Sunday, 29 March 2009

Wrestling with the synopsis

Having written the last chapter of Catch a Falling Star (must find a new title, damn it) I am busy tweaking it while waiting for the last of my kind readers to report back. I have also, with a reluctance that only my fellow writers will understand, begun to write the synopsis.

The problem is that a synopsis is, essentially, one's novel with all the good bits stripped out - the humour, the dialogue, the surprises - and one's characters reduced to stereotypes. What you are left with is a bare plot outline, without any of the detail that makes it worth reading. One is also obliged to reveal whodunit, and I can't believe it helps an agent to appreciate a book if she knows before she hits chapter one who the killer is.

I must try harder. I read somewhere that you should imagine you've just seen the film of your book, and you are telling a friend the plot in a pub afterwards. Maybe that would perk it up.


  1. Do you have a particular length you are going for? Back when I was shopping "Gov Work" I had agents who wanted a one page, double-spaced synopsis, a few who wanted between two and three pages (also double-spaced) and one I recall who wanted it all in three paragraphs with a 150 maximum word count. Drove me nuts coming up with all those different formats.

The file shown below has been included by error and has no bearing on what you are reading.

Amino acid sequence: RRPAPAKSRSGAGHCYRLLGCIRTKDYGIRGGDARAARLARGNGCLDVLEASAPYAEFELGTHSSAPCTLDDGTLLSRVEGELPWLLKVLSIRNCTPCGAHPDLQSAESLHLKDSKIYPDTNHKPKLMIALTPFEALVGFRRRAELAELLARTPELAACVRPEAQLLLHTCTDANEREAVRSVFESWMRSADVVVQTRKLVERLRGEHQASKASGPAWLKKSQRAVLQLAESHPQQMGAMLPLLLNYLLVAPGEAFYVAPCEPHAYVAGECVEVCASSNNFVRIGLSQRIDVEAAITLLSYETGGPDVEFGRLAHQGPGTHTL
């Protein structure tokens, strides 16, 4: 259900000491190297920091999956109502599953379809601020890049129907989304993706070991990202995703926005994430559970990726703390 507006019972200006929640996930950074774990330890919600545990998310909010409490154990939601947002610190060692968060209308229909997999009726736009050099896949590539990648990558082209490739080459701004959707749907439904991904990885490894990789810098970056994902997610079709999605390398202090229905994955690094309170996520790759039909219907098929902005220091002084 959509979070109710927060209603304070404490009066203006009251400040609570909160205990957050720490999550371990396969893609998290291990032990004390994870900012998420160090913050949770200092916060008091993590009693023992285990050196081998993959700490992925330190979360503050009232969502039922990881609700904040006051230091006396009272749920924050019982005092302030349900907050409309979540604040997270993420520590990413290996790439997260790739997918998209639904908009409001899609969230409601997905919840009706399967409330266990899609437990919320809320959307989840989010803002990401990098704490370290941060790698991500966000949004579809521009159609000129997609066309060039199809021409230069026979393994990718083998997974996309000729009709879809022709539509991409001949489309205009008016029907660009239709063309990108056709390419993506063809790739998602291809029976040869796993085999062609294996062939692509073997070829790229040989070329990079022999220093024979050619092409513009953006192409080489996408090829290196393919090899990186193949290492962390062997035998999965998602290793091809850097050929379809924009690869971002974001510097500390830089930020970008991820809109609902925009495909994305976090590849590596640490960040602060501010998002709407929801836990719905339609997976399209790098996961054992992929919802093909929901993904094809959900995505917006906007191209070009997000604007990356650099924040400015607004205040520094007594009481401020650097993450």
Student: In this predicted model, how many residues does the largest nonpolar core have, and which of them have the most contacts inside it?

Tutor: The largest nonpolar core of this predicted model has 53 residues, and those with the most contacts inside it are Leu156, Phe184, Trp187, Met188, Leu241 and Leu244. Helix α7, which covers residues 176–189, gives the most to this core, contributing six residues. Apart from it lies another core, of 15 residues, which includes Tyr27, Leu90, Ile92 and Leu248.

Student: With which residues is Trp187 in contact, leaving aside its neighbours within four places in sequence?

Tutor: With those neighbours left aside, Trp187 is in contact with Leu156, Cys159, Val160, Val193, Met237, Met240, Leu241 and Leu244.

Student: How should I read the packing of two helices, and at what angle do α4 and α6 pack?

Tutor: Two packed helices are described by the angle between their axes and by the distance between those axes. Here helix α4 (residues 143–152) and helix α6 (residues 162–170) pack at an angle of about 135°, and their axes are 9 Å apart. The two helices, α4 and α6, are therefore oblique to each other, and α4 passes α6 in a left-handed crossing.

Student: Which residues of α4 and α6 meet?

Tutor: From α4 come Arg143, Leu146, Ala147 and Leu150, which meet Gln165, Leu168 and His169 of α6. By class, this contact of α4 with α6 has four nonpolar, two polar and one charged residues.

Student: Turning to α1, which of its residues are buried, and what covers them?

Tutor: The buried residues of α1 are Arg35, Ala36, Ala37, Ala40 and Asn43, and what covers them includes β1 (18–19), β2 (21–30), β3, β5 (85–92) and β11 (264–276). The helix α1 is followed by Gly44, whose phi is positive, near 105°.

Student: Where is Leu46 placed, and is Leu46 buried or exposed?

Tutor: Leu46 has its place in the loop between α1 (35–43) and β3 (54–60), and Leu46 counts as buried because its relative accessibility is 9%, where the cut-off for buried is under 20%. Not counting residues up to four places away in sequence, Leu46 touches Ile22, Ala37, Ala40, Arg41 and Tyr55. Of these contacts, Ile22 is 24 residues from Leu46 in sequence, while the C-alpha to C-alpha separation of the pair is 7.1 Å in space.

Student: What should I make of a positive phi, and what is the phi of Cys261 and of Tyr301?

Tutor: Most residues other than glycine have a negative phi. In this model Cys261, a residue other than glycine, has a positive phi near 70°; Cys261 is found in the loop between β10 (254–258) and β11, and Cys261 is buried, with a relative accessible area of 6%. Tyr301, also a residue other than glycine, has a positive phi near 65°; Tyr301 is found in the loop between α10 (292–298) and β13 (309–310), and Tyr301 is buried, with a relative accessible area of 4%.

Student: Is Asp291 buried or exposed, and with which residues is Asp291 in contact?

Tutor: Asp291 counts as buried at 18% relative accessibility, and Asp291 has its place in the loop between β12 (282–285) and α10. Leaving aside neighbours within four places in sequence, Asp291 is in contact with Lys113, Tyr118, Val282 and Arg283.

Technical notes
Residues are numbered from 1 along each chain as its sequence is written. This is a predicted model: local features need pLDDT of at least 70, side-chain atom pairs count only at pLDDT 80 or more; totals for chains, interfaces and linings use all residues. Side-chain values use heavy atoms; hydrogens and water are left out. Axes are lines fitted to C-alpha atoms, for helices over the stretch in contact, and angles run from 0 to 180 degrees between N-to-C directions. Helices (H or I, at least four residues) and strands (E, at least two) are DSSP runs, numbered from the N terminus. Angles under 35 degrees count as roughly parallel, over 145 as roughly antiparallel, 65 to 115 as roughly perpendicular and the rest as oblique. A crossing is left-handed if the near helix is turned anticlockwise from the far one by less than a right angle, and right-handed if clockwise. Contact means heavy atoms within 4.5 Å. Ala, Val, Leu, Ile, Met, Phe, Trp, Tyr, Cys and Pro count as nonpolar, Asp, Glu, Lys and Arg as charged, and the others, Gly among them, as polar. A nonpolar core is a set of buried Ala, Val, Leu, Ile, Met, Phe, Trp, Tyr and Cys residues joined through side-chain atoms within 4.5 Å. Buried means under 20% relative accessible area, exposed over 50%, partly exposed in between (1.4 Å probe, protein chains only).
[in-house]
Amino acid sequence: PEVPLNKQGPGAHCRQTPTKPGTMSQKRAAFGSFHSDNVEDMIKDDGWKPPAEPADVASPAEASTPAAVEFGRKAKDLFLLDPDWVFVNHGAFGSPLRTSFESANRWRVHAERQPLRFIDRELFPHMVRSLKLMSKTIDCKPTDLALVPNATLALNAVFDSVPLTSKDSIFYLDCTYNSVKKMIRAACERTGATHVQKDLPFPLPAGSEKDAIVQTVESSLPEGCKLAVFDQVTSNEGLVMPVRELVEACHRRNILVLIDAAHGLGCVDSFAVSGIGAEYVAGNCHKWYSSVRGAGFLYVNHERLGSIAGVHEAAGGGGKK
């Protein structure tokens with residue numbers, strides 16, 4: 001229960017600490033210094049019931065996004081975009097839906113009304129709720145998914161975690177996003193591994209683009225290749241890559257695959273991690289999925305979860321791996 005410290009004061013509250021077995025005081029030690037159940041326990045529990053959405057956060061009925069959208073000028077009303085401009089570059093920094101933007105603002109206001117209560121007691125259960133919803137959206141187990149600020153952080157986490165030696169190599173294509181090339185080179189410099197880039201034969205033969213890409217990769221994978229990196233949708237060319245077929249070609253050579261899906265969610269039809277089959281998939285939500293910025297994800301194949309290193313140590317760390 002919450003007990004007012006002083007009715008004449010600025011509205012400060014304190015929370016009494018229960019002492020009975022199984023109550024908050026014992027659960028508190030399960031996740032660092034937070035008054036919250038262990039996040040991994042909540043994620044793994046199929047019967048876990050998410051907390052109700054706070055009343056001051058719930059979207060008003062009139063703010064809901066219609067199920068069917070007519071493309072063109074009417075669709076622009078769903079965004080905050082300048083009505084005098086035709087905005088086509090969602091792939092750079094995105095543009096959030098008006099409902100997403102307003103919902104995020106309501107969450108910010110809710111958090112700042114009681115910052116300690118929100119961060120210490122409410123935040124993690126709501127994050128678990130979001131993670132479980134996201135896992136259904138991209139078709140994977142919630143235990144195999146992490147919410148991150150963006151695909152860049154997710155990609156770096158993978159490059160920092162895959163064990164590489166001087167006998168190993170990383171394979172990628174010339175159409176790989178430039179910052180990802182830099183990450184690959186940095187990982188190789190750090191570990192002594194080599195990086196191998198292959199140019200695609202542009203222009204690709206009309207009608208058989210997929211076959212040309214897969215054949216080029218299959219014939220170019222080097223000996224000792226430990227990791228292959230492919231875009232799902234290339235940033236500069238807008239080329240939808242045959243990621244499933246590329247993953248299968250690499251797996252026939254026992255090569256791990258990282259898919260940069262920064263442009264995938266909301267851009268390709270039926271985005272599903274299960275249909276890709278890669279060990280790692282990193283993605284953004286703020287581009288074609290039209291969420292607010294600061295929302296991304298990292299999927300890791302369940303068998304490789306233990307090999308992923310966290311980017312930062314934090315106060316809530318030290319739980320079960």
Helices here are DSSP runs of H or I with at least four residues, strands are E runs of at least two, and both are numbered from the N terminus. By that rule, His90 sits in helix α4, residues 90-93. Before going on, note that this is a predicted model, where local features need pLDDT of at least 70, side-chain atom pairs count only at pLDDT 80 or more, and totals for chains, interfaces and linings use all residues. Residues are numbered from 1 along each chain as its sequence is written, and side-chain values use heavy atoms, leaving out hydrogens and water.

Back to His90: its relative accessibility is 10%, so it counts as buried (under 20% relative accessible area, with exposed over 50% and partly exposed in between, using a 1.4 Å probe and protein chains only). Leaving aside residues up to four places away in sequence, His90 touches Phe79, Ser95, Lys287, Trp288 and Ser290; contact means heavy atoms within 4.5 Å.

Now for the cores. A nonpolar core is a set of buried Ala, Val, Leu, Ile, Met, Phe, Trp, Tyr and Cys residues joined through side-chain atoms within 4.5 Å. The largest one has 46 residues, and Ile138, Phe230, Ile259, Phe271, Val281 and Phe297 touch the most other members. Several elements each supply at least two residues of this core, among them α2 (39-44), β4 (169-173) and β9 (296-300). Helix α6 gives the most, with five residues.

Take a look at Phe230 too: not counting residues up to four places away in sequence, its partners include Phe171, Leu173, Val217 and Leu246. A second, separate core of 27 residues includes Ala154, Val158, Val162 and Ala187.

2. No - what is the average?

    If I could write an acceptable one of any length, presumably it would be feasible to stretch or shrink it as required...

    Woe, woe, and possibly even thrice woe.

  3. Sorry, I shouldn't have said anything. I guess what you want to do is see if any agents/publishers that you particularly want to approach have submission guidelines that tell you what they want in a synopsis and use that.

    And yes, you can write a damned good one of whatever length is needed. Tell what happens and who it happens to. The style you want is, I believe, called Straightforward.

    Font selection may be more open. But I would avoid Wingdings.


    Alan, do you mean it? I was counting on a snazzy font to distract attention from the content, and Wingdings seemed just a nice bright colour, or better still, several...

    No fair.

  5. Take a look at Nathan Bransford's blog and check with me in the morning.

  6. It is always a good idea to use scented paper and include a piece of chocolate in the envelope. This is best done in the cooler months.

  7. Thanks, Norm, that's a useful article in Nathan Bransford's blog.

  8. I looked at it too. Not one word encouraging scented paper. The man is operating in a dream world.

    Stationery with elaborate Gothic theme borders is also de rigueur.

  9. The only special stationery might be bank notes.